The Boundaries of Problems
I was at the grocery store the other day, and they were out of bread—and hotdog buns, hamburger buns and anything bread-like. The shelves were barren.
Our physical office is basically closed, with all of our agency’s team working remotely from home.
The economy has collapsed. Small businesses are worried. Restaurants and bars are being shut down, or struggling to modify and keep the lights on—and people are unemployed. Lots of people.
My kids’ school has been canceled for the next couple weeks, with rumors swirling that it will be canceled until next year.
I got an email from an agency consultant stating that “Thousands of agencies will close” because of the pandemic.
As all this crazy stuff is going on, I can’t help but think about my business, and my team, and my family and how this all is going to affect us, and I keep asking myself this question “In the face of all these problems—what does the world possibly need with design?”
It’s just all so heavy. In the face of a global pandemic, design seems pretty unimportant.
But art is important. And creativity is important. I truly believe these things. And so I look to my old heroes to help shape my thoughts, and pull me out of this rut—and I wanted to share what I found.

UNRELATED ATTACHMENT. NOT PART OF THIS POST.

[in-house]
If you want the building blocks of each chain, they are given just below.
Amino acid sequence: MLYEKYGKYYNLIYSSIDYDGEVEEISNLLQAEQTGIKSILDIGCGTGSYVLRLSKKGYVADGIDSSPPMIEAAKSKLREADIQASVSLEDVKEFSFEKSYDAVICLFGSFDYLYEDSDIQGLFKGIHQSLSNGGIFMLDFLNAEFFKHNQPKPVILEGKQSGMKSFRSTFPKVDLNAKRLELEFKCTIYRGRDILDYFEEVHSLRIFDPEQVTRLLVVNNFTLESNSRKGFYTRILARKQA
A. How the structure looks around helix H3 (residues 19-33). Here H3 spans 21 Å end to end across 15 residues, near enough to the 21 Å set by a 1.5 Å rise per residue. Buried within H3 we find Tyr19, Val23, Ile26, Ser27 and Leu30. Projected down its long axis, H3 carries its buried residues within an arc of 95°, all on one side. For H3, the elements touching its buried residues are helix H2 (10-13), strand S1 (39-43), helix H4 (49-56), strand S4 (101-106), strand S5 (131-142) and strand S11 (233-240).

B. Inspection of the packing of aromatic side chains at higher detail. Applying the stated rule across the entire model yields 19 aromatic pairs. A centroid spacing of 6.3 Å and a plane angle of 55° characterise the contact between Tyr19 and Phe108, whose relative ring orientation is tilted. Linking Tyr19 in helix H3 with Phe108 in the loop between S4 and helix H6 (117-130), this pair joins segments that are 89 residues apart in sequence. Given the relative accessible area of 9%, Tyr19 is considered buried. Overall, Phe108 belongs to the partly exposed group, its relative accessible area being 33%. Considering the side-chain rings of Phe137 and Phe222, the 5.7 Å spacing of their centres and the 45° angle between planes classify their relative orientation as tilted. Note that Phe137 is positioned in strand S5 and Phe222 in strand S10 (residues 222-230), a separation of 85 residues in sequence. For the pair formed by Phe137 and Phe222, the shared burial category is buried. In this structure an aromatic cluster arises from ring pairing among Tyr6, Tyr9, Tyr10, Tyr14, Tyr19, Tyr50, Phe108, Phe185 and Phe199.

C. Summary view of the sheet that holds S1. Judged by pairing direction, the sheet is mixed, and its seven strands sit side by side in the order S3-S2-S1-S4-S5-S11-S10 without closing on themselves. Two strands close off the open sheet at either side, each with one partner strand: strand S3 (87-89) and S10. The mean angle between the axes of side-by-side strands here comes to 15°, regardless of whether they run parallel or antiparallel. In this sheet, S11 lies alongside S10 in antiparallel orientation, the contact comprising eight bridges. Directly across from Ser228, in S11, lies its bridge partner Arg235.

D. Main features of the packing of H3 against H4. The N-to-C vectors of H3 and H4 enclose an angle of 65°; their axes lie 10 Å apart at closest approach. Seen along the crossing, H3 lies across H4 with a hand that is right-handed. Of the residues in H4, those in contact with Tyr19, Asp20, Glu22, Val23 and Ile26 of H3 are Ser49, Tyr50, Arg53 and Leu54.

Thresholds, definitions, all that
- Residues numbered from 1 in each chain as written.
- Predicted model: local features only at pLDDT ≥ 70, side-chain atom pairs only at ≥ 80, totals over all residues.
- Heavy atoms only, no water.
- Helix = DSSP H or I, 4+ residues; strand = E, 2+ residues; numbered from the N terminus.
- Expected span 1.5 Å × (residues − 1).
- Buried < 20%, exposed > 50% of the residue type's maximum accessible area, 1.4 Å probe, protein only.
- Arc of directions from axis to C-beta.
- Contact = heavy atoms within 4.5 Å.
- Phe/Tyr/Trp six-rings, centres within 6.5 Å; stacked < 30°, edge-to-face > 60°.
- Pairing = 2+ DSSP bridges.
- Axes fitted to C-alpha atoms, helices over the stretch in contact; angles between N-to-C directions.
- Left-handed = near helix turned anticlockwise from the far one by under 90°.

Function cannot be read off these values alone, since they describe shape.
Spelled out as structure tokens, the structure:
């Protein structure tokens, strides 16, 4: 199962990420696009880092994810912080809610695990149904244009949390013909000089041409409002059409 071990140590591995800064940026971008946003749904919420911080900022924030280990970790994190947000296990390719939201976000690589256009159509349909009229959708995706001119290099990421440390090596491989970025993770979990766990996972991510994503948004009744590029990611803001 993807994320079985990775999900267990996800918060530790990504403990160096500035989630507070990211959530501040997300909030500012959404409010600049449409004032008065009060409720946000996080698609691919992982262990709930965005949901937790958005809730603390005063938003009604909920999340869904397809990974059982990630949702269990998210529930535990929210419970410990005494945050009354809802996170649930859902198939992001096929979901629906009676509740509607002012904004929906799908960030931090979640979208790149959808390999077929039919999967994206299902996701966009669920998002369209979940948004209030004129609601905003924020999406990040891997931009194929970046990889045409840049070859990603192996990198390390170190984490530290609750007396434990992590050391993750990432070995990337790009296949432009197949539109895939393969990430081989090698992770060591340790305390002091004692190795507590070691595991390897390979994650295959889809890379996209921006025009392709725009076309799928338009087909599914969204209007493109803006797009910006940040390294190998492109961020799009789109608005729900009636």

One of my heroes, famed designer (and St. Louisan) Charles Eames, gave a recorded interview in the 1970s about design.
He was asked, “Mr. Eames, what are the boundaries of design?”
He replied with a question. “What are the boundaries of problems?”
So, in the face of all these problems – what does the world possibly need with design? The answer might not be one of visual aesthetics, but of mindset. We’re facing something that is forcing us to redesign our lives. Our jobs. Our families. Our government. And believe me, redesigning something people are used to is no easy task.
And I just wanted to share that some of the best ideas come from joy, positivity and humor.
It is difficult to make anything great without them.
“Your life is your most important project. So why not do it creatively?” – Ayse Birsel
Our values have shifted overnight. And until it shifts back, I’m going to learn to bake the best damn bread I can.
Constraint fuels creativity. Keep your head up. Let me know if I can do anything.